James Walker was unable to repeat the form he displayed on home soil at Donington Park as the World Series by Renault headed to French soil for the latest rounds of the season at Magny-Cours.
The Jersey racer qualified eighth in his group during the early session on Saturday morning and went into race one with high hopes for a good result. Unfortunately the black clouds rolled into Nevers an hour before the race and the track was already soaked when the 30 World Series cars lined up on the grid.
The race began in very difficult conditions and soon the wet track began to pick off its first casualties, among then Walker's new team-mate, Esteban Guerrieri. Walker however stayed out of trouble in the opening laps, reporting in that the track was now so wet that he could only go 60mph on the back straight before aquaplaning. The World Series cars usually reach speeds of 170mph on that straight.
He pitted early to get out of the traffic and had the equal fastest stop of all the cars before rejoining in eleventh place. He continued on for six more laps but the rain was getting steadily worse, illustrated by the fact that Bonanomi, Kimball, Razia, Duran and Walker himself all went off on the same lap. Over the half the field failed to finish race one.
“I can't believe the race wasn't red-flagged on lap one,” he said. “There was standing water everywhere by the time I went off. I went to turn in at the second quick chicane and I hit water and from that point on I became a passenger!”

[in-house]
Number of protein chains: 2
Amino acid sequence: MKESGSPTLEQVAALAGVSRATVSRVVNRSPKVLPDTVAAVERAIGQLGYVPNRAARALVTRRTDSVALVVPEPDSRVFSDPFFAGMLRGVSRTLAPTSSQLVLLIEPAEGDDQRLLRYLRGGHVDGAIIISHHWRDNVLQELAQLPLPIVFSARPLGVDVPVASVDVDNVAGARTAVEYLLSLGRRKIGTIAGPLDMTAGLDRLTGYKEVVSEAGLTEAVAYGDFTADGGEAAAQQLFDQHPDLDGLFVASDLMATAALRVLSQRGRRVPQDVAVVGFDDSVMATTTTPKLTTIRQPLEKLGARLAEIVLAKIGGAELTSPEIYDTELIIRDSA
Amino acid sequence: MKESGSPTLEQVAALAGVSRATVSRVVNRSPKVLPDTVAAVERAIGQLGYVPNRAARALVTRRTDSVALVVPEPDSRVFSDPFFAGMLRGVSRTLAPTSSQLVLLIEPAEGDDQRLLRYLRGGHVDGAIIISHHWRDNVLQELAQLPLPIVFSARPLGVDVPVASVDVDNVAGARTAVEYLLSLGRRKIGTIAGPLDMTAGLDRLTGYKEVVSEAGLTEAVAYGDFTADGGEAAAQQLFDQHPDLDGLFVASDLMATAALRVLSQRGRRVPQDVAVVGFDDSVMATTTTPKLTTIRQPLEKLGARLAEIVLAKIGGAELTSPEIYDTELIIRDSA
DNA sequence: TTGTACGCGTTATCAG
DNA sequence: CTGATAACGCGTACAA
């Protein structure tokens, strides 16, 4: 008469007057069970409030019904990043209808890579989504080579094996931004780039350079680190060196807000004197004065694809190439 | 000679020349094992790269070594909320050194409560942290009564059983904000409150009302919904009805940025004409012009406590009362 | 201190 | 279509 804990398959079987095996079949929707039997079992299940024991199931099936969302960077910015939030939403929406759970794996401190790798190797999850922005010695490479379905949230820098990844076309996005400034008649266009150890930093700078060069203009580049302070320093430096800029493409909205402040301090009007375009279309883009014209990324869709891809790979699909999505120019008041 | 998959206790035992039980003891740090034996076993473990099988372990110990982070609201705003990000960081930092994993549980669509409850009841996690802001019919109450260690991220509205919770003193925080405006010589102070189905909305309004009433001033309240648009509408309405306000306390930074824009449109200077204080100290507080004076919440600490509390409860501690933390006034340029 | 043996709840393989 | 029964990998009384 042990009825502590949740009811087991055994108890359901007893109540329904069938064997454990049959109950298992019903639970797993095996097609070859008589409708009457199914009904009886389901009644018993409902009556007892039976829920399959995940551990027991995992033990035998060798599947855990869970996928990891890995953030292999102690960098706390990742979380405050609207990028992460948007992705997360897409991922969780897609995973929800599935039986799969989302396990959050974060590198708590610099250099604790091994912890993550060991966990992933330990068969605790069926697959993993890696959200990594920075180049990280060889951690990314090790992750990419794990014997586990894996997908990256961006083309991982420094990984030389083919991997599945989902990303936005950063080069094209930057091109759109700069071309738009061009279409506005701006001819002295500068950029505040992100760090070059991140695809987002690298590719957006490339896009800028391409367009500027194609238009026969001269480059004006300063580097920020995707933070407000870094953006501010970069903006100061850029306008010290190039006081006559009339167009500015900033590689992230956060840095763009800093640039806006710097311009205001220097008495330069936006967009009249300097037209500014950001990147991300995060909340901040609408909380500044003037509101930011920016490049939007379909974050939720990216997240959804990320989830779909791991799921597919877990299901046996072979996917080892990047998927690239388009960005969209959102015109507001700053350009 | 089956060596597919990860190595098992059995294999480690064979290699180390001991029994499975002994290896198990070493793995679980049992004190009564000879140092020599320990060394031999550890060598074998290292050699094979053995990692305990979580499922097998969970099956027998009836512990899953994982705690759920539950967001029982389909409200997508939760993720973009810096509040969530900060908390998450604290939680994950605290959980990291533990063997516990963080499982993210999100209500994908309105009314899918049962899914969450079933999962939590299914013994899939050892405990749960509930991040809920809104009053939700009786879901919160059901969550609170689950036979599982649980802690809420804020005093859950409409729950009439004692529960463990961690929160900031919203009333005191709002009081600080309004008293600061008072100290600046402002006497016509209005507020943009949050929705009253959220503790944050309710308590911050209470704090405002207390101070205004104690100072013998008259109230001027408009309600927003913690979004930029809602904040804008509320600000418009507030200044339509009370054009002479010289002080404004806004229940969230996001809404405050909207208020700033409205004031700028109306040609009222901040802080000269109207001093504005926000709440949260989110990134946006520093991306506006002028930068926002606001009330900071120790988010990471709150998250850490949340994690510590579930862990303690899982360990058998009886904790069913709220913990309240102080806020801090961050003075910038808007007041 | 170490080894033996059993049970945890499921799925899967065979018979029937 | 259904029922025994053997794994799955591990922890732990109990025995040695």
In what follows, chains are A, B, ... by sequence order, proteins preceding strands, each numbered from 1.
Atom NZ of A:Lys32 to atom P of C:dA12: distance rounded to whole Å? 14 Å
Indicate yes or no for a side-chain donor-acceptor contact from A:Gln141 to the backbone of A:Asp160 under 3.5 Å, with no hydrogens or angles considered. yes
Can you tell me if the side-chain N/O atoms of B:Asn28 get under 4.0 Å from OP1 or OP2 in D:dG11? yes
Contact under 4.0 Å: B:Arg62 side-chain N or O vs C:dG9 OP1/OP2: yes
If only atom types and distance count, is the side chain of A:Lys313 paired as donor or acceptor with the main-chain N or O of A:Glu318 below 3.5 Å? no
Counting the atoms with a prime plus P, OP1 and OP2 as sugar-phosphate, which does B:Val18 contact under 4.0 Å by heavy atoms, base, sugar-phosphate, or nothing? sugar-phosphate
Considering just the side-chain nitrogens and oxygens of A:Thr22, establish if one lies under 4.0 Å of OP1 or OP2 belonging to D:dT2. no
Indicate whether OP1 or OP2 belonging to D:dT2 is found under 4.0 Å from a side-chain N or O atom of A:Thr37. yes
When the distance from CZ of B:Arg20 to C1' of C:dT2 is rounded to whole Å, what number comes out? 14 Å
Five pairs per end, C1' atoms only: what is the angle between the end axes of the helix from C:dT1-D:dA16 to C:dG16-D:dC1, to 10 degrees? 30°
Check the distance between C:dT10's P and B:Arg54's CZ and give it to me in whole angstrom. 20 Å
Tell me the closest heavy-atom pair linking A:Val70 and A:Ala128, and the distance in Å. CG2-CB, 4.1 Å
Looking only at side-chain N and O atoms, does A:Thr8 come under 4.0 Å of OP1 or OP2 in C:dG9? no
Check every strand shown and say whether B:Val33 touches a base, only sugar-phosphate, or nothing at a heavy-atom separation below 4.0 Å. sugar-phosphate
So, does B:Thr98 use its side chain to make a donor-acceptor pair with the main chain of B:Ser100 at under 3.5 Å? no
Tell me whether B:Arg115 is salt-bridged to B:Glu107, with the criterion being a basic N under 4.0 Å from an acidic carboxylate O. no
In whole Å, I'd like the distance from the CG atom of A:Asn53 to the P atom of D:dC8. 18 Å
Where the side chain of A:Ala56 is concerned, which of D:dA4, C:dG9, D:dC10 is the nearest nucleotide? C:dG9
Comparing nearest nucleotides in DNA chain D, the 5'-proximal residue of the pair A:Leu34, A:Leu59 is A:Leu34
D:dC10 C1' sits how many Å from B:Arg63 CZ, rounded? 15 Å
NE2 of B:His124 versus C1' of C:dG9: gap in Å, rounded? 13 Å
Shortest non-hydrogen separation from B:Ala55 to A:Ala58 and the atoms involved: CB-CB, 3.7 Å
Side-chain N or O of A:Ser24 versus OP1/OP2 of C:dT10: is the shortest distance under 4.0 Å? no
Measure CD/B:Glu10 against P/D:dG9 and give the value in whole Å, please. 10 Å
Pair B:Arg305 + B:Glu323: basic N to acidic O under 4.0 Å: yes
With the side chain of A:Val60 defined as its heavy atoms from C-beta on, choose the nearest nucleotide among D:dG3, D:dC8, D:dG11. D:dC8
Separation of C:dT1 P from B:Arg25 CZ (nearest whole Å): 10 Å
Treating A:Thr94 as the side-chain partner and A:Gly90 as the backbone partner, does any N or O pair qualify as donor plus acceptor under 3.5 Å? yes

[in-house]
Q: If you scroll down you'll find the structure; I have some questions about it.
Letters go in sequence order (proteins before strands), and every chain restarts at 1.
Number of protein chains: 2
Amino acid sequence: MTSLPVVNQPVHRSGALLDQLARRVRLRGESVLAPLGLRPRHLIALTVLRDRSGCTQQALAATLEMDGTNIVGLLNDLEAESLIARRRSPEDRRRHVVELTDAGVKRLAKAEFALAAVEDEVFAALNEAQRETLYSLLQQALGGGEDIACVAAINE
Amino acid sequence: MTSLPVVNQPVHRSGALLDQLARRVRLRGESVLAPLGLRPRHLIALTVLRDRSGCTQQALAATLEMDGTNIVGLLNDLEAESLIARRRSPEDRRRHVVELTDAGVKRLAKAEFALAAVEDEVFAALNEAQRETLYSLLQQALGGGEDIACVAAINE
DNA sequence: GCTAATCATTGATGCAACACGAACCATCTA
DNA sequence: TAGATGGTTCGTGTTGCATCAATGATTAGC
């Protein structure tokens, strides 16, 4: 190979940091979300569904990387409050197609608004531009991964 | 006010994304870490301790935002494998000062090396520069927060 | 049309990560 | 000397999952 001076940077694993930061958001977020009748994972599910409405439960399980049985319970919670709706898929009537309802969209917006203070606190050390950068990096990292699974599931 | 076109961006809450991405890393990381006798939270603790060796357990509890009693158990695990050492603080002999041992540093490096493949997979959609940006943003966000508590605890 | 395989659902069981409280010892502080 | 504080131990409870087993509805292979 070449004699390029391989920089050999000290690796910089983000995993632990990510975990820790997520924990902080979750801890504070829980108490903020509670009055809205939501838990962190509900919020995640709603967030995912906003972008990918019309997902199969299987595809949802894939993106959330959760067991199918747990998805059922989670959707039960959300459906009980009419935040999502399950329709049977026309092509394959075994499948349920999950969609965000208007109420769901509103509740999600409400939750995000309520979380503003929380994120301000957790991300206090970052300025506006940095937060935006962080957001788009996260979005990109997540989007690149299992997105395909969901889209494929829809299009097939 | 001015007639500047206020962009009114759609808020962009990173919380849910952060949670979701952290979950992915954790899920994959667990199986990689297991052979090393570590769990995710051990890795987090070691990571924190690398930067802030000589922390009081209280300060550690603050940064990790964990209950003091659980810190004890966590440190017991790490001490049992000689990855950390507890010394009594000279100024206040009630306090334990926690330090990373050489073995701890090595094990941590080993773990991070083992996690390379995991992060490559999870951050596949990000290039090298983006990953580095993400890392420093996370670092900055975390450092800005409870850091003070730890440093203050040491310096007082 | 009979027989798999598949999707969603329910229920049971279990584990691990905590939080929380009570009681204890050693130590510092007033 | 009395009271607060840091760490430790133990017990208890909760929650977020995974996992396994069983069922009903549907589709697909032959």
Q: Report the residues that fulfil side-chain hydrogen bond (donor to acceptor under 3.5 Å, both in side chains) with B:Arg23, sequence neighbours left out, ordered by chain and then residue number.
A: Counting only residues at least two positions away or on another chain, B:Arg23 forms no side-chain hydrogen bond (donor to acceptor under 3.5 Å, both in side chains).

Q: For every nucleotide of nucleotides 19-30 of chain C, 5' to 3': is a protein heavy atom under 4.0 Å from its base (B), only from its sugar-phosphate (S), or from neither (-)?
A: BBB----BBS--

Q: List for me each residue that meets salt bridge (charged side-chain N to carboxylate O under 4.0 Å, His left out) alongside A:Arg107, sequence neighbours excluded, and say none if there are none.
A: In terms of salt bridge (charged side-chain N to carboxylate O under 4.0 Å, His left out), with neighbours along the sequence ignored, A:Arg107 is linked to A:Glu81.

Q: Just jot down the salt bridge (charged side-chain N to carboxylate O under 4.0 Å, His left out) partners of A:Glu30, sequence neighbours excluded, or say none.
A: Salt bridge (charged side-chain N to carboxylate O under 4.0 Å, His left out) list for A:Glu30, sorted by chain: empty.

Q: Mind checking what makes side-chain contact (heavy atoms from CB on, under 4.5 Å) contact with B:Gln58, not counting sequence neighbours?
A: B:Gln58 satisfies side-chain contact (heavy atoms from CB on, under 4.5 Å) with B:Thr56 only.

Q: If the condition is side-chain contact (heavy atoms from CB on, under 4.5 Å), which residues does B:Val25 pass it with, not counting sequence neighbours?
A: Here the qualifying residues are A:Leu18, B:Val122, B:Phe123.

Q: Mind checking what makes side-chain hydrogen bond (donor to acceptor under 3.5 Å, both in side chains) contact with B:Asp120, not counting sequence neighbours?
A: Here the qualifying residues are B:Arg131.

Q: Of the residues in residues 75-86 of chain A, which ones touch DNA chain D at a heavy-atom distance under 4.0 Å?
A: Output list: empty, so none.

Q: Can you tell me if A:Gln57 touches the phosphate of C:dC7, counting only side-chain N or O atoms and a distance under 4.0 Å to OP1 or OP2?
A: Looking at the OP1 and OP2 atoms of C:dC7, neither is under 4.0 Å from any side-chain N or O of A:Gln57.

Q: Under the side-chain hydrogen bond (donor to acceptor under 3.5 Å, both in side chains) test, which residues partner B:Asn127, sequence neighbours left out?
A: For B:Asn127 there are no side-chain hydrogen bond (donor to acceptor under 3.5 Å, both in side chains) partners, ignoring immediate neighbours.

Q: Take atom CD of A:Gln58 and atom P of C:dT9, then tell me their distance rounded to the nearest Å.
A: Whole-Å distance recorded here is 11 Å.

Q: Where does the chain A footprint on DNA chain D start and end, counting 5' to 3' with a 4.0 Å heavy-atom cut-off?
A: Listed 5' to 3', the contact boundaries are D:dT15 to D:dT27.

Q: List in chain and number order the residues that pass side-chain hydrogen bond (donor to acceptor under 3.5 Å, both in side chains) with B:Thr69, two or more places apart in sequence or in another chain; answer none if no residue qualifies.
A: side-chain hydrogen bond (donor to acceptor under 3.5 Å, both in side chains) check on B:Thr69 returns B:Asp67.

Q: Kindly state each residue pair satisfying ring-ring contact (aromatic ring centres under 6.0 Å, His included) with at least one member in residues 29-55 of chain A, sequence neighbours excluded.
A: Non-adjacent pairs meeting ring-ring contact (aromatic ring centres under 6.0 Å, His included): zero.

Walker had to start race two down in 23rd place but got a great start, moving up five places, and was running in 18th in a long stream of cars. With it being so difficult to overtake, Walker purposely dropped back towards the end in order to see how good his real pace was when he wasn't being slowed by traffic. He finished the race putting in times on the pace of the leaders.
“Obviously it's disappointing to come away with these results after the recent highs of Donington,” he said. “We can still see progress though and I was pleased that my qualifying time was within half a second of pole. The rain in race one pretty much ended our hope of a good result by turning the race into a lottery but we escaped without major damage and we live to fight another day!”